Les Patterson Saves the World (1987)

Les Patterson is a hopeless diplomat who causes about as much damage to Australia’s global reputation as this film did to Australia’s film industry. +++ +++ [click title to read review]

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Carry On Spying (1964)

This black & white spy film spoof is a nice, entertaining comedy. The great performances and convincing visuals go a long way to sell the film’s thin-ish plot. Considering the franchises mixed reputation Carry On Spying is not a bad film at all. +++ +++ [click title to read review]

Topper Takes a Trip (1938)

Cosmo Topper is still haunted by his ghostly experiences from Topper (1937). And since his marriage is breaking down as a consequence of those previous events, Marion Kerby’s ghost reappears in order to put things right again. But of course, as happened with her well-meaning “help” in the first film, she mostly creates more chaos. This film is shorter as the first film, and seems better paced and better written. So, in spite of Cary Grant’s absence, this sequel is more enjoyable than the previous film. +++ +++ [click title to read review]

Topper (1937)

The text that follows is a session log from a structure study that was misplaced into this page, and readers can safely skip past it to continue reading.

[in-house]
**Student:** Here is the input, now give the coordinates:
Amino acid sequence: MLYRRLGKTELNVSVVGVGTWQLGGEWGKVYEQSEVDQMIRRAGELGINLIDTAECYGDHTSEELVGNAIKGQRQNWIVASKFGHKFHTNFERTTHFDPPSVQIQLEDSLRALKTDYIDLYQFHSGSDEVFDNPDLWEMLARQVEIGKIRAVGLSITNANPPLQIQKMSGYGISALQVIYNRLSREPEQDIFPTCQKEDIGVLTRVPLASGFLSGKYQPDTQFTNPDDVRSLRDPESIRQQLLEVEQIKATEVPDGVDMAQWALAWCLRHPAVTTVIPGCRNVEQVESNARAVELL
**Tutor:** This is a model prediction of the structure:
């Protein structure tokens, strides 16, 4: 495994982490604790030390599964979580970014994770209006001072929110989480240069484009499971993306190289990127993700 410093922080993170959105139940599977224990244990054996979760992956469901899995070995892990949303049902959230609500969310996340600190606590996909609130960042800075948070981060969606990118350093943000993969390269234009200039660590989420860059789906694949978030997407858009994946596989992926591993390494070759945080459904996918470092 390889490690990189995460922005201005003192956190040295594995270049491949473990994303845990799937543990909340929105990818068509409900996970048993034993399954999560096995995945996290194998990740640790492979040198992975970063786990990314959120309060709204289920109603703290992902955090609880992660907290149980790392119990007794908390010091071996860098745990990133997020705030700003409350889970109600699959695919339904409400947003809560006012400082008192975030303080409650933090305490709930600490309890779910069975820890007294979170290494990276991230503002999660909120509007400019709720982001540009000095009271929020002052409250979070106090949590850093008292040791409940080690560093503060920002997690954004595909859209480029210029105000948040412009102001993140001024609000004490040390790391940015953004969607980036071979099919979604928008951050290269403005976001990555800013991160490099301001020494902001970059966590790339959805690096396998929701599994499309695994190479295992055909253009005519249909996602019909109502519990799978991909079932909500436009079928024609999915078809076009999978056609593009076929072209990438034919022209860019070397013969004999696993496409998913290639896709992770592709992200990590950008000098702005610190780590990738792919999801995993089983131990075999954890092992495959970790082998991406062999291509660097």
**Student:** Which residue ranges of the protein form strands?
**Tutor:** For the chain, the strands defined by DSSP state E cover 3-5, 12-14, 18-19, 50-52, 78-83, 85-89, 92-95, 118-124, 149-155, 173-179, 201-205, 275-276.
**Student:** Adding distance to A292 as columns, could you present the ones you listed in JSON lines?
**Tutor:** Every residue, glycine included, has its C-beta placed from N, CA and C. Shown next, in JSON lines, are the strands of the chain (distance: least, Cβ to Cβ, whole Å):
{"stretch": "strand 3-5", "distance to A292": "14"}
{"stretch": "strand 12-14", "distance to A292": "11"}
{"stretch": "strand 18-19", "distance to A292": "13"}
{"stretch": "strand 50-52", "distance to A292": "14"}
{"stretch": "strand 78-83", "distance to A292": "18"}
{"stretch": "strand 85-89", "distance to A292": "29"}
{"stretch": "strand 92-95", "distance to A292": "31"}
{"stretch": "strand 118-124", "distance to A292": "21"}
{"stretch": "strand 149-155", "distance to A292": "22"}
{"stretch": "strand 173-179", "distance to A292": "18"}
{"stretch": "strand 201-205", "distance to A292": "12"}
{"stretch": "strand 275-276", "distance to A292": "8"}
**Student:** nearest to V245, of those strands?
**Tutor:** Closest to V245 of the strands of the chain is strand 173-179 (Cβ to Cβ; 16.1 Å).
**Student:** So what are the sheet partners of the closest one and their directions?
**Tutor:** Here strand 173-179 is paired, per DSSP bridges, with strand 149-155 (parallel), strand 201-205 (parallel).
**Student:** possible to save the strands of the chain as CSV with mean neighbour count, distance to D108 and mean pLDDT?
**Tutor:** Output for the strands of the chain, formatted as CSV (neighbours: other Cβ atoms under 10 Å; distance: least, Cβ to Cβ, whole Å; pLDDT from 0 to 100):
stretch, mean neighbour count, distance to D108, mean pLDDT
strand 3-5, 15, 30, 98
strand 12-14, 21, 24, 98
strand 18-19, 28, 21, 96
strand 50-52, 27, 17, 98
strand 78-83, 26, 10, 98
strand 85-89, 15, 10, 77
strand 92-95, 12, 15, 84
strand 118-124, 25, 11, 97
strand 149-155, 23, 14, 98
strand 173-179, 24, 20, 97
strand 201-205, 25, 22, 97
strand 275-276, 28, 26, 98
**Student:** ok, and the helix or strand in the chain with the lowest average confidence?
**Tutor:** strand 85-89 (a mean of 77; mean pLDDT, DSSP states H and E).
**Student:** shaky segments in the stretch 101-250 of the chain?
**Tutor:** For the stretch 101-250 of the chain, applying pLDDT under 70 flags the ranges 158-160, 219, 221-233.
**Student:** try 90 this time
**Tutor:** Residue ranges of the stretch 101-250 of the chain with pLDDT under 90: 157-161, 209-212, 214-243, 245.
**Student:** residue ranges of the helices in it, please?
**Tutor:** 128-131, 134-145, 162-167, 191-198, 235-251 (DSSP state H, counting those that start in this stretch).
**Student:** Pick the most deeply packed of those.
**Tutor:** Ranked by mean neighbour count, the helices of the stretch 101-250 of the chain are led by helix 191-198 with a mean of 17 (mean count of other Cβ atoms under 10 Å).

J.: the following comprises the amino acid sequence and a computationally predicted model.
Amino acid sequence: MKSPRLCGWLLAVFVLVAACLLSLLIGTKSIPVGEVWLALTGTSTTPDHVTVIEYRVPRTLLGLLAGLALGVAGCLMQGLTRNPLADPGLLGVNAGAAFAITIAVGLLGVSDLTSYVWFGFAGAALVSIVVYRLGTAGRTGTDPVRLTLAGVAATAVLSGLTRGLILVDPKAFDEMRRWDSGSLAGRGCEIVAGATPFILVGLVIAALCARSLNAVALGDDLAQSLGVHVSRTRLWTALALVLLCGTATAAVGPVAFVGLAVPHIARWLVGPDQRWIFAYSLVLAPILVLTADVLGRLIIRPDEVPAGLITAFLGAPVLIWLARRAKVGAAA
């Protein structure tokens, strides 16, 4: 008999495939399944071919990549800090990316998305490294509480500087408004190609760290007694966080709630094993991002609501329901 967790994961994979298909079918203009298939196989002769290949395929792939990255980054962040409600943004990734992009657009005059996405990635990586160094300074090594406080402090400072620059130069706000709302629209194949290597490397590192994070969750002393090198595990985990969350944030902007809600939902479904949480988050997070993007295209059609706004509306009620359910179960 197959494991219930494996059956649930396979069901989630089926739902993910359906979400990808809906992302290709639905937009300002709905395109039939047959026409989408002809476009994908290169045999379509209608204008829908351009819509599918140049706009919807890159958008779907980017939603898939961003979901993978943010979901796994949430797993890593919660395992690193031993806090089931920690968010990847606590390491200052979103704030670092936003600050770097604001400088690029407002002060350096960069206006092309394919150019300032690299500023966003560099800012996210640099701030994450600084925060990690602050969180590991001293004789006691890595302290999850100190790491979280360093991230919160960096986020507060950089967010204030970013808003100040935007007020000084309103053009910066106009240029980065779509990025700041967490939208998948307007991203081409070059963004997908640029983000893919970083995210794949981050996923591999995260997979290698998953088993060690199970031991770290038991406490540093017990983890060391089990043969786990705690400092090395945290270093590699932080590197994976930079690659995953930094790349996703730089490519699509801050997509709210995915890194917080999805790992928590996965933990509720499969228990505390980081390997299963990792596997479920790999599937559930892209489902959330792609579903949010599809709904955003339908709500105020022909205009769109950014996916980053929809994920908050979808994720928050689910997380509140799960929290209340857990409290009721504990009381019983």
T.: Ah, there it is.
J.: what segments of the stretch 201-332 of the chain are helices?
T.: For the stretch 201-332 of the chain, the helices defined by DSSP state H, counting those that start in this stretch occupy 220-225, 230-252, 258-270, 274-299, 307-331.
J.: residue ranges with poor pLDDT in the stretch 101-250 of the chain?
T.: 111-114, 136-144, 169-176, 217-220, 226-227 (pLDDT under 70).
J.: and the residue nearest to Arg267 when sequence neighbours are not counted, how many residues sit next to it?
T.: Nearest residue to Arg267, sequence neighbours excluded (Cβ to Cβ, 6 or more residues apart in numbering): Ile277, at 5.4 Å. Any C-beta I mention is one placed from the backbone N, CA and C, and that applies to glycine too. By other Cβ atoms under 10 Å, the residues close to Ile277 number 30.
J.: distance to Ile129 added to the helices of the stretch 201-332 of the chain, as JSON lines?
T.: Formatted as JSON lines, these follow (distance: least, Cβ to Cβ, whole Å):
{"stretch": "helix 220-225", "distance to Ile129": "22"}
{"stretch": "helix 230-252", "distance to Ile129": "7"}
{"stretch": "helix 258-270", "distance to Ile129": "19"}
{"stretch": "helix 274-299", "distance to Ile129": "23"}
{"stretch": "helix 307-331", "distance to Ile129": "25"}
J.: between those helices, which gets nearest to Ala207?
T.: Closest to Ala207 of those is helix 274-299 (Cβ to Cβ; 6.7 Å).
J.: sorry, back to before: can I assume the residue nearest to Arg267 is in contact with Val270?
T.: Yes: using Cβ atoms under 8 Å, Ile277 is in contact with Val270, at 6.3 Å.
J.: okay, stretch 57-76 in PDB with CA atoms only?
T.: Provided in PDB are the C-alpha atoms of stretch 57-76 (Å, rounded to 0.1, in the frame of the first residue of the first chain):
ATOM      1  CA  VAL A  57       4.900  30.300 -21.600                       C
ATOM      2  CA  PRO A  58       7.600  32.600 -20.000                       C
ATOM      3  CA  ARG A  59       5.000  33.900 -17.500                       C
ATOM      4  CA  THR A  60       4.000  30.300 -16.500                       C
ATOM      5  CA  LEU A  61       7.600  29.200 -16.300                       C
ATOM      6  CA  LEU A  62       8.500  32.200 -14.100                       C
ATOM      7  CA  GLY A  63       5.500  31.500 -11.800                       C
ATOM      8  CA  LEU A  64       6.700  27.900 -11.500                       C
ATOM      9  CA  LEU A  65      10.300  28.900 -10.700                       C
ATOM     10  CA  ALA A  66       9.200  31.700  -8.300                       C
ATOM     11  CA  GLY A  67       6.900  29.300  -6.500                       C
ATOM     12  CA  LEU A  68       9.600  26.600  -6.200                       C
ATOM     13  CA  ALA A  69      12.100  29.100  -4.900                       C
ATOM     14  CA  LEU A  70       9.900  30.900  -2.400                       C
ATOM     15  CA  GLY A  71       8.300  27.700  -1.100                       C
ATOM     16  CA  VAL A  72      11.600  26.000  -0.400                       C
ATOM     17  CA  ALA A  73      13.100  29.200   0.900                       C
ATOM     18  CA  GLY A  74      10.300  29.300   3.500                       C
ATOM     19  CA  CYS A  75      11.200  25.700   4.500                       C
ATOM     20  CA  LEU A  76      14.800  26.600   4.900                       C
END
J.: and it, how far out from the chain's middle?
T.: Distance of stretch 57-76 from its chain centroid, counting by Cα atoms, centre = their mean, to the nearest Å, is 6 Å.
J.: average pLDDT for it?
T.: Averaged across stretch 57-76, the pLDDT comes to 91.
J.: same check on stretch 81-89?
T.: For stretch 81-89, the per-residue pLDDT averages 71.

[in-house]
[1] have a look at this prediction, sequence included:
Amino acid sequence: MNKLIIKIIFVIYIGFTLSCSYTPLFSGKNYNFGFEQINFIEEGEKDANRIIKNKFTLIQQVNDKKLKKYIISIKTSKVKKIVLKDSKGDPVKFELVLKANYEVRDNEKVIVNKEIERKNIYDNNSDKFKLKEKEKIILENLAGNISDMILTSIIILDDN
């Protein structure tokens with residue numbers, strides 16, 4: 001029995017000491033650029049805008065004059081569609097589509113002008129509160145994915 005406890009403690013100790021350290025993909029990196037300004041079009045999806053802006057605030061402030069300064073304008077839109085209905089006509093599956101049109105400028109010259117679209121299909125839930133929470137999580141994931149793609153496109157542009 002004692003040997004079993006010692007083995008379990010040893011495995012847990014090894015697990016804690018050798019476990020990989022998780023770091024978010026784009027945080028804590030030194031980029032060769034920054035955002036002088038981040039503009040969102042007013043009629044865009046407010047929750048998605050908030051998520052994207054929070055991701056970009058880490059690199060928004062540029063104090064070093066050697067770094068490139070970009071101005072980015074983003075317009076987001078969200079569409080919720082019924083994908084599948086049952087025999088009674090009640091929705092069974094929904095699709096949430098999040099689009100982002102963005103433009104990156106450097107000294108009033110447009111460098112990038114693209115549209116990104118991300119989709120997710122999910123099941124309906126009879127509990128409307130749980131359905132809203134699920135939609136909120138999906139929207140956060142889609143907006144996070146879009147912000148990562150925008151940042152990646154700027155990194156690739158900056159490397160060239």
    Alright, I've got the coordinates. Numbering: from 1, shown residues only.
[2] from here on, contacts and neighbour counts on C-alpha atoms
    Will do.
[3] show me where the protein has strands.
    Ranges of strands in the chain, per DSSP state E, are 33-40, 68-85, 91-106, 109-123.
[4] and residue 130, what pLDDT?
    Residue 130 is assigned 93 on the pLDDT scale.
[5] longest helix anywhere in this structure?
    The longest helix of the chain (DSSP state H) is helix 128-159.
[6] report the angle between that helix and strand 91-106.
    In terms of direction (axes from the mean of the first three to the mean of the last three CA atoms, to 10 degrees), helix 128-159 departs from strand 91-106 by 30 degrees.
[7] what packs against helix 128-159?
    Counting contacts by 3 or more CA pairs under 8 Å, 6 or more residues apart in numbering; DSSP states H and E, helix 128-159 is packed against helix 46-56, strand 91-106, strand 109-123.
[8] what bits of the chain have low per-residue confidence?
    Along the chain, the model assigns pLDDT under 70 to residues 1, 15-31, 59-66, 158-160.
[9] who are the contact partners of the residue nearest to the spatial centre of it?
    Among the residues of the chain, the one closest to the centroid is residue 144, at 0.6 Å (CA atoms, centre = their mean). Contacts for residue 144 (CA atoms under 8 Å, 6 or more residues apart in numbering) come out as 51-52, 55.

The well-regulated life of mild-mannered bank manager Cosmo Topper is turned upside down when couple of yuppie ghosts decide to bully him into living a little. +++ +++ [click title to read review]

Colonel Effingham’s Raid (1946)

Colonel Effingham's Raid is a weird WW2-era film that tries to blend messages about the fight against fascism abroad with the problem of a lack of democratic accountability in local government in a fictional American town. And if you think this sounds like it would make for a rather odd mix, you are absolutely right. +++ +++ [click title to read review]

Dead Men Don’t Wear Plaid (1982)

In this well-known film noir spoof, Steve Martin plays a 1940s private eye who is hired by a beautiful young woman to investigate the death of her father. Filmed entirely in black & white, Dead Men Don't Wear Plaid also uses footage from old films featuring many a famous face. +++ +++ [click title to read review]

Country Gentlemen (1936)

A minor outing for comedy duo Olsen & Johnson, produced by Republic Pictures. It is a con-men story featuring very few convincing cons, and even less convincing con-men. While at times charming and mildly entertaining, this is a film you can easily skip. +++ +++ [click title to read review]

The Nut Farm (1935)

This B-movie from poverty row studio Monogram Pictures has a thin plot, but it has nice performances and takes place in an interesting "sphere". The bulk of its plot deals with the pitfalls of Hollywood, the crooked accounting and other shady practices represented by a dodgy producer embodied marvellously by Bradley Page. +++ +++ [click title to read review]

The Animal Kingdom (1932)

A romantic drama with very few comedic elements, The Animal Kingdom features a male protagonist who needs to figure out what he wants to do with his life. There is a nice role for a third-billed Myrna Loy in this film. +++ +++ [click title to read review]

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